Scientific strategy

Respiratory diseases have a significant impact from a medical and socioeconomic viewpoint. The World Health Organisation (WHO) consequently classifies pneumonia and chronic obstructive pulmonary disease (COPD) among the ten leading causes of death worldwide, accounting for 10 million deaths per year [source: European Lung White Book, 2003]. In Europe, the direct cost of the associated healthcare alone is at least 55 billion Euros annually, and when the indirect consequences are factored in (incapacity, life-years lost), the cost rises to close to 380 billion Euros.

Despite this critical situation, the existing treatments are limited as they relieve some symptoms, but are seldom curative. These data underscore the urgent need to develop innovate research with the aim of achieving a better understanding of the pathophysiology of respiratory diseases and formulating more effective devices for targeted therapy.

This is precisely the mission that the CEPR has set itself for the current contract, aided by the numerous complementary resources of expertise existing within the 3 teams.

In fact, CEPR’s staff includes immunologists, microbiologists, biochemists with an expertise in proteases and antiproteases, experts in aerosoltherapy, experts in murine and primate models of lung diseases as well as clinicians, all nationally and internationally recognised in their respective fields. Such diversity is an asset that allows for the development of research that is collaborative, translational as well as productive, and aimed at improving the treatments for two types of respiratory diseases.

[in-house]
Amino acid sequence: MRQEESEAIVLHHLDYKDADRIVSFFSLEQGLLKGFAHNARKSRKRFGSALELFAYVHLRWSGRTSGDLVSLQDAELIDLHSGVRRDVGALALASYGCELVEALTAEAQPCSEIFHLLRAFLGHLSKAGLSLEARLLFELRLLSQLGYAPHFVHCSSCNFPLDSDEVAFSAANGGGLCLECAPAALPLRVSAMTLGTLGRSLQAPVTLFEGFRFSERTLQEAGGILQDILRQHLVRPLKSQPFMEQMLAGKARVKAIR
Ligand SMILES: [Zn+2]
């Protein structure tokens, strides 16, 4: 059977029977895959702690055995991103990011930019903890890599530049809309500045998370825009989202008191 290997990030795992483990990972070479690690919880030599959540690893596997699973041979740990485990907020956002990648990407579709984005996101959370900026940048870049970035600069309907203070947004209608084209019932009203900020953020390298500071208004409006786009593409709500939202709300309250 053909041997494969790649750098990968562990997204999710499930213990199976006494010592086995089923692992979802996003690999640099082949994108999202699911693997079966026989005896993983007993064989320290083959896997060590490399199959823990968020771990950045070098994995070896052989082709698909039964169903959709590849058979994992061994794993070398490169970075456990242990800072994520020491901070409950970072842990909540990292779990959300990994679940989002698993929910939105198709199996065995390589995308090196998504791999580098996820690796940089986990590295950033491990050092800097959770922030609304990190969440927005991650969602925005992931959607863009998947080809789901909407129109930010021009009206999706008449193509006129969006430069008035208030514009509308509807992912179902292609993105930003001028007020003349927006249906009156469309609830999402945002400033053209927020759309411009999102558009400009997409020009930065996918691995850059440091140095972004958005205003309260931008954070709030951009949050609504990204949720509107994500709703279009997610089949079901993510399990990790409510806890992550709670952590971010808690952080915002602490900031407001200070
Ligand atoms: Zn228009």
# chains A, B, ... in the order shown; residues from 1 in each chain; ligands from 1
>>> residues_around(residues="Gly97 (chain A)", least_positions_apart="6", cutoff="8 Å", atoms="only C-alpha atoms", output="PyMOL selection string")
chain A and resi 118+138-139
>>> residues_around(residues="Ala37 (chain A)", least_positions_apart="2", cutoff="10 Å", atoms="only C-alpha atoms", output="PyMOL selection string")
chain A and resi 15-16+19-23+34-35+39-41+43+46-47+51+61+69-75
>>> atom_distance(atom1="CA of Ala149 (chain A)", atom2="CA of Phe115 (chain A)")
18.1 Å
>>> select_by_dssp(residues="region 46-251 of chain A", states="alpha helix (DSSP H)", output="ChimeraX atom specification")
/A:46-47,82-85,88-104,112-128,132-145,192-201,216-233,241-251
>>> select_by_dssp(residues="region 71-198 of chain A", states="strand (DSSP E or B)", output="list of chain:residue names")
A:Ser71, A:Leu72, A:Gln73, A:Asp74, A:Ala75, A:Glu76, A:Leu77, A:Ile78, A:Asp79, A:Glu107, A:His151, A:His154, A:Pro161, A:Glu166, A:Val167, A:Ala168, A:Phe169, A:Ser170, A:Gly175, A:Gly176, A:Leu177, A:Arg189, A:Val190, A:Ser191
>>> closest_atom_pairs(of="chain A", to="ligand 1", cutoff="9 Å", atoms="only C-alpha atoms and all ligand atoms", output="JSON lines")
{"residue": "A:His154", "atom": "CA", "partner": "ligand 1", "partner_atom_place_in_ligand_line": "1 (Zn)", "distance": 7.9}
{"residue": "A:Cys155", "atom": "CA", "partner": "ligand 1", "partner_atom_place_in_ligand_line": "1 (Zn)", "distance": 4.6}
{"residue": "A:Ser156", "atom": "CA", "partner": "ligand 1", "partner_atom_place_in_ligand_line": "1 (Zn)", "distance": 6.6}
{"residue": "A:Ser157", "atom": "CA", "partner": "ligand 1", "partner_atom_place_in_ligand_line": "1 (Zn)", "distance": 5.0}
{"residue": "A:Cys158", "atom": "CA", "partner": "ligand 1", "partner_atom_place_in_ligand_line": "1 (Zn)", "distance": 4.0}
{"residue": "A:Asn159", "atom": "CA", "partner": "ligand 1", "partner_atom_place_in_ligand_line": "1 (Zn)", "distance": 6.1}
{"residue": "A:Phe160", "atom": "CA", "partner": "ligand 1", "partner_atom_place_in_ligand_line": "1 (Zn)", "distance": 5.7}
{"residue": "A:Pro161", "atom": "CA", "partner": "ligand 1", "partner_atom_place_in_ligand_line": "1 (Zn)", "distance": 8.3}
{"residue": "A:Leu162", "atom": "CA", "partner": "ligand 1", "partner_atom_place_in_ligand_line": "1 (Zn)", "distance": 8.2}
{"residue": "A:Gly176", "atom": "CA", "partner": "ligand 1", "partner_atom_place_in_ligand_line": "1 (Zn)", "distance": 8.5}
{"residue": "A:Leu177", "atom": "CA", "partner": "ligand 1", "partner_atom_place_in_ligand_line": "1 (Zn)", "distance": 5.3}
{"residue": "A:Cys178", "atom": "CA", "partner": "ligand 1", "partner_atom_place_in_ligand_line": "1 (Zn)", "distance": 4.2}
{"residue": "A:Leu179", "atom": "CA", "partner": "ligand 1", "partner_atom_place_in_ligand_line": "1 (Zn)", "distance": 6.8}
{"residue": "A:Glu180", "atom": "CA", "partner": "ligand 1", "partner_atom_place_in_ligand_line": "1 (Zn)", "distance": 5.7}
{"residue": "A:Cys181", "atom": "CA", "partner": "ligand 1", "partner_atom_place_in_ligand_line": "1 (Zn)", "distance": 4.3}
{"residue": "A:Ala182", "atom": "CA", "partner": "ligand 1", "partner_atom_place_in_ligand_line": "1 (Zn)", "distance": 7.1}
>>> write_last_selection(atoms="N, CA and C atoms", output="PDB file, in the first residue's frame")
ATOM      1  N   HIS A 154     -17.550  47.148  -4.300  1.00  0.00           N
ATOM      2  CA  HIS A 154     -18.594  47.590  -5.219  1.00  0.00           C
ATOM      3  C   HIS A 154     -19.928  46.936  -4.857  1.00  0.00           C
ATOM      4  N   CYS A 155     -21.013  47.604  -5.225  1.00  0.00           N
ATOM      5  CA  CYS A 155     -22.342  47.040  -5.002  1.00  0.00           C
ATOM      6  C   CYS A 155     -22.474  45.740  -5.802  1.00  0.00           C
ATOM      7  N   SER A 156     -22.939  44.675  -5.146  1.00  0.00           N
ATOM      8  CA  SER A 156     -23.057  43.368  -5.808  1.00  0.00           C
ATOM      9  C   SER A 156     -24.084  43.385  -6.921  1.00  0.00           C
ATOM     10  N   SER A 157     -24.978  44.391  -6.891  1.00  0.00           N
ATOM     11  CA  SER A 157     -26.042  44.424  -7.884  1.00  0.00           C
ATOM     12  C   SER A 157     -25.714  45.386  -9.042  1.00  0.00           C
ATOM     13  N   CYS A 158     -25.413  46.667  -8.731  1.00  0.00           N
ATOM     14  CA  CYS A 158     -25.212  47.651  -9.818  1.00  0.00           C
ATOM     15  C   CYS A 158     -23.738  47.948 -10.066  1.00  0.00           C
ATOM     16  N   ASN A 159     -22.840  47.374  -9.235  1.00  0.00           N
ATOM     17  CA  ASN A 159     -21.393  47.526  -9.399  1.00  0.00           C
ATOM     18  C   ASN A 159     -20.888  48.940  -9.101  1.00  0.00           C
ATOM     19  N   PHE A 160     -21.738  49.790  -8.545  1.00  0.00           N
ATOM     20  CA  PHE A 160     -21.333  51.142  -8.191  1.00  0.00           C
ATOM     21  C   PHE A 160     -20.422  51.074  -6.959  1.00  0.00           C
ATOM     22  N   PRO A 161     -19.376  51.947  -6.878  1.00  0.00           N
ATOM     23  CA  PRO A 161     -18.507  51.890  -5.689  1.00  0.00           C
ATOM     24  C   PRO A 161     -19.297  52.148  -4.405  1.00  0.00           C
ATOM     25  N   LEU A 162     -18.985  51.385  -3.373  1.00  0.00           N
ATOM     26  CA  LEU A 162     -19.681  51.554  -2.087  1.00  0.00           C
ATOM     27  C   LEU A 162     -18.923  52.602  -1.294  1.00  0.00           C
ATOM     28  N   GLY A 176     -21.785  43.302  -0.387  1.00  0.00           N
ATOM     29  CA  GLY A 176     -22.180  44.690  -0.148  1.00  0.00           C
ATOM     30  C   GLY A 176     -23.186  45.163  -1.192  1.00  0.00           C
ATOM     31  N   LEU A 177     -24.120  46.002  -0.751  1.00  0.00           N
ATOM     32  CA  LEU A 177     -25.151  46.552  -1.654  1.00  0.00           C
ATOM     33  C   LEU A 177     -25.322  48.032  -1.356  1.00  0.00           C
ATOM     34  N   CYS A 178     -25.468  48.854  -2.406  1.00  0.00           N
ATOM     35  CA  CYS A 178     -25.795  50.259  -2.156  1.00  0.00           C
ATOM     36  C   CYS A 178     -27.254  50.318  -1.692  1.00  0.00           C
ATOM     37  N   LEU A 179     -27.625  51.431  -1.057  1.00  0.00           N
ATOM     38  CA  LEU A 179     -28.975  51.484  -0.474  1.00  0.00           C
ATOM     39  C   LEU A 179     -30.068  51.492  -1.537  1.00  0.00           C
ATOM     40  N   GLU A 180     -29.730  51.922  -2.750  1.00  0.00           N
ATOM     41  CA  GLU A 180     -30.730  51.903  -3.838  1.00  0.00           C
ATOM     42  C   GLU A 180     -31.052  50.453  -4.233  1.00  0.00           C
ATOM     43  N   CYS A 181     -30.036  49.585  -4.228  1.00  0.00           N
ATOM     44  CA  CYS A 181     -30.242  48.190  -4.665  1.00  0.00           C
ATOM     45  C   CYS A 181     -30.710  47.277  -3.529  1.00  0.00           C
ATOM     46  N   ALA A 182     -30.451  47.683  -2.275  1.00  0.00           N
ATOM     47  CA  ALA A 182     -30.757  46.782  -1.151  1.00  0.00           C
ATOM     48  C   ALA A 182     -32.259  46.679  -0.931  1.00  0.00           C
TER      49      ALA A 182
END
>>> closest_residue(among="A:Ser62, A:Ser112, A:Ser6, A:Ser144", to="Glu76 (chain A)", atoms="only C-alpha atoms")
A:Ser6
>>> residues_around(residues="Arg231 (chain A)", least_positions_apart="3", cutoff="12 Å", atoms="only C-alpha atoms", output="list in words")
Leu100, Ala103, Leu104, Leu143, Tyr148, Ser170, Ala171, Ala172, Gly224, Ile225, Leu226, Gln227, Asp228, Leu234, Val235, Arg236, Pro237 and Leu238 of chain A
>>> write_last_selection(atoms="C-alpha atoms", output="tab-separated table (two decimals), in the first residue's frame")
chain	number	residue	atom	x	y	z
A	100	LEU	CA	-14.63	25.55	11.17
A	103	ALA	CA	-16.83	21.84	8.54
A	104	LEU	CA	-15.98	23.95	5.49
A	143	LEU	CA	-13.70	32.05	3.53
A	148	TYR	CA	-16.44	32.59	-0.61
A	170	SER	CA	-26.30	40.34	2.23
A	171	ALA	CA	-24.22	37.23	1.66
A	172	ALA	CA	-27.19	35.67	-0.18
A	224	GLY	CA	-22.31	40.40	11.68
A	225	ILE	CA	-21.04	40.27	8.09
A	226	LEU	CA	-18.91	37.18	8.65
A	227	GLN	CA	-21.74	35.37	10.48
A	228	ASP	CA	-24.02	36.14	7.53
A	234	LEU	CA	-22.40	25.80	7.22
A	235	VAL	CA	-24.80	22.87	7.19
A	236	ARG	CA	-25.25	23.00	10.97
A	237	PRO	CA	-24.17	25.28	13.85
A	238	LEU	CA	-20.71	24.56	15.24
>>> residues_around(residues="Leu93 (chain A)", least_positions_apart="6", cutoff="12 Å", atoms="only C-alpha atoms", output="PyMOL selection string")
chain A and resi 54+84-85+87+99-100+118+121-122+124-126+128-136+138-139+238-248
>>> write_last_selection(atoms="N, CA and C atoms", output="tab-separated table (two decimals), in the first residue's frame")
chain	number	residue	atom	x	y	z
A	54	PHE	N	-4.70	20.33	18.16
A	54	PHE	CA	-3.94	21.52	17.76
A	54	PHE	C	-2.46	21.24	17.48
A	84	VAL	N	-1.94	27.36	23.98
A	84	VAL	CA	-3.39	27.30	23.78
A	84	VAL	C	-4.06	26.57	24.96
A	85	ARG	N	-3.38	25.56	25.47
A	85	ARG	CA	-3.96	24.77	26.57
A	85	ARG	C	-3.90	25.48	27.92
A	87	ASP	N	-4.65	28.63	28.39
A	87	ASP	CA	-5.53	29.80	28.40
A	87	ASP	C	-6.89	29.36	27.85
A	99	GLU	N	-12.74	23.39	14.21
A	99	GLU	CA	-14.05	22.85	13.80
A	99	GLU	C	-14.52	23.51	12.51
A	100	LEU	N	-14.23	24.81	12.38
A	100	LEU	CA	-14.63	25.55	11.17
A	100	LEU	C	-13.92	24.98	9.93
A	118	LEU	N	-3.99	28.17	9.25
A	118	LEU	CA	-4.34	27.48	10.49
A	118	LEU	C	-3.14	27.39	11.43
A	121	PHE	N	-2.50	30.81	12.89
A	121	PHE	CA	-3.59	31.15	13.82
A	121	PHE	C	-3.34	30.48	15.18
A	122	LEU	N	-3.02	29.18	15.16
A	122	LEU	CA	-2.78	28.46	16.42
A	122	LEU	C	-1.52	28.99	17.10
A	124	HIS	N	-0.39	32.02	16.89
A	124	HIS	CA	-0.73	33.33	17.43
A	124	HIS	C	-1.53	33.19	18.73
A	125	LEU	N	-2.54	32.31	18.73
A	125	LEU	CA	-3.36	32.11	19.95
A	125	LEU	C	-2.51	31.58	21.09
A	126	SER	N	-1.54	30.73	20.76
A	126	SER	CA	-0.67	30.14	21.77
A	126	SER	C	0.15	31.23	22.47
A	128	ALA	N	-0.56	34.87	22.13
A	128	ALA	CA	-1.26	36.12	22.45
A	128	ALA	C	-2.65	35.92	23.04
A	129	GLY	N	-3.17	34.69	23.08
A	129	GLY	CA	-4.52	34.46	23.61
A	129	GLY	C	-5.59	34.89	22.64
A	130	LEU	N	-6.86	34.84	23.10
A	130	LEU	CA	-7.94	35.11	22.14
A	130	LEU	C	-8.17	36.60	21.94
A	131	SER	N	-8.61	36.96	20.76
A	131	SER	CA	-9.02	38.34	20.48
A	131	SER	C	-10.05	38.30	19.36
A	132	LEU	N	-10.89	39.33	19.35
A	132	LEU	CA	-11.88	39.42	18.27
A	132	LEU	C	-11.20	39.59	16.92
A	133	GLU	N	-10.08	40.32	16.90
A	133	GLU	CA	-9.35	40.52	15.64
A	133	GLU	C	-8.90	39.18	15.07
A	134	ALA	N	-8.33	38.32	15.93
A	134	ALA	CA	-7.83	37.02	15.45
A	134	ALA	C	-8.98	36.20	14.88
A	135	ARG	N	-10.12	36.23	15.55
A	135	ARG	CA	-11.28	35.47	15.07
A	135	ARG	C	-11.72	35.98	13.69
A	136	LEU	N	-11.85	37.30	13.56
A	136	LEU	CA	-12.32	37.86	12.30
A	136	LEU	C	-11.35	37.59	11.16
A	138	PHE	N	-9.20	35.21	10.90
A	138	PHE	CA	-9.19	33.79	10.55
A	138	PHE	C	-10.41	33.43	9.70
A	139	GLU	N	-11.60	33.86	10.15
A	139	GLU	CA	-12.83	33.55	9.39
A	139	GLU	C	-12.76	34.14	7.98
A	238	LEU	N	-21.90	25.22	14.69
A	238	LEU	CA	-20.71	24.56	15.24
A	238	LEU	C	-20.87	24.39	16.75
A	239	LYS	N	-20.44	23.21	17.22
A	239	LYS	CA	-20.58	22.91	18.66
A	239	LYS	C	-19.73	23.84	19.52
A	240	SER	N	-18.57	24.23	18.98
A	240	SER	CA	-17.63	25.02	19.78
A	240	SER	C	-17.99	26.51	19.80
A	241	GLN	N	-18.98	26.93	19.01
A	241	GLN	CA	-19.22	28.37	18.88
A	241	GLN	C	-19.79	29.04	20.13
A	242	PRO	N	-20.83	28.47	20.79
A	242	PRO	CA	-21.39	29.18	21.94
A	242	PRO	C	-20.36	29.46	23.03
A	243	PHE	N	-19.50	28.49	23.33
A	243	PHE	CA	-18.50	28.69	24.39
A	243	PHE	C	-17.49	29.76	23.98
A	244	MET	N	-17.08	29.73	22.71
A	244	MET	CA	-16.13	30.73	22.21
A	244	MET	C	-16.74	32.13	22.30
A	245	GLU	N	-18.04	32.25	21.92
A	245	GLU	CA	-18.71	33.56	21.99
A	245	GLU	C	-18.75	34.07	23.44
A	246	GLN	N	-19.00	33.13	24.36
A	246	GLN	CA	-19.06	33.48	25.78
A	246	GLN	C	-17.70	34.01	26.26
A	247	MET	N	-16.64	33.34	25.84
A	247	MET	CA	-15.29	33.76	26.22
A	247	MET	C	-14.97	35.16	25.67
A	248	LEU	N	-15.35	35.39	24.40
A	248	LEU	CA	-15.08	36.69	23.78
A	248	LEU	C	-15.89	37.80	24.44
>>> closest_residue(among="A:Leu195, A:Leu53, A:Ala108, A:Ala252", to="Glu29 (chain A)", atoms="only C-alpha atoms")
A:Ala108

-       Infectious, on the one hand. The diseases investigated by CEPR pertain primarily to pneumonia caused by the influenza virus (influenza A), the Gram+ bacteria Streptococcus pneumoniae and the Gram- bacteria Pseudomonas aeruginosa

-       Inflammatory, on the other hand. The diseases mostly investigated in the unit are COPD and fibrosis. 

These research areas are closely linked since chronic inflammation in patients suffering from COPD or cystic fibrosis is often intensified by viral or bacterial pathogens, causing respiratory failure in these patients to worsen. Inversely, host infection by a respiratory pathogen always results in chronic or acute inflammatory response that may worsen the tissue damage caused by the pathogen per se.

Besides the limitations of current chronic inflammatory disease treatments, it is also important to point out the limitations of anti-infective treatments, such as the lack of an effective treatment for most respiratory viruses, as well as bacterial resistance to antibiotics which is currently reaching dangerous levels around the globe. 

In years to come, therapeutic advances will lead to the discovery of new targets and/or anti-inflammatory and anti-infective molecules as well as improvements in the current drugs, through modification of their therapeutic index, their pharmacokinetics or their targeting by altering, for example, their method of administration (e.g. aerosols…). It is with these goals in mind that the research of CEPR is being undertaken

It is important to point out that rare are the laboratories in France which can develop a continuum of research from the deciphering of the mechanisms of respiratory infection and inflammation up to the development of drug delivery systems for their treatment.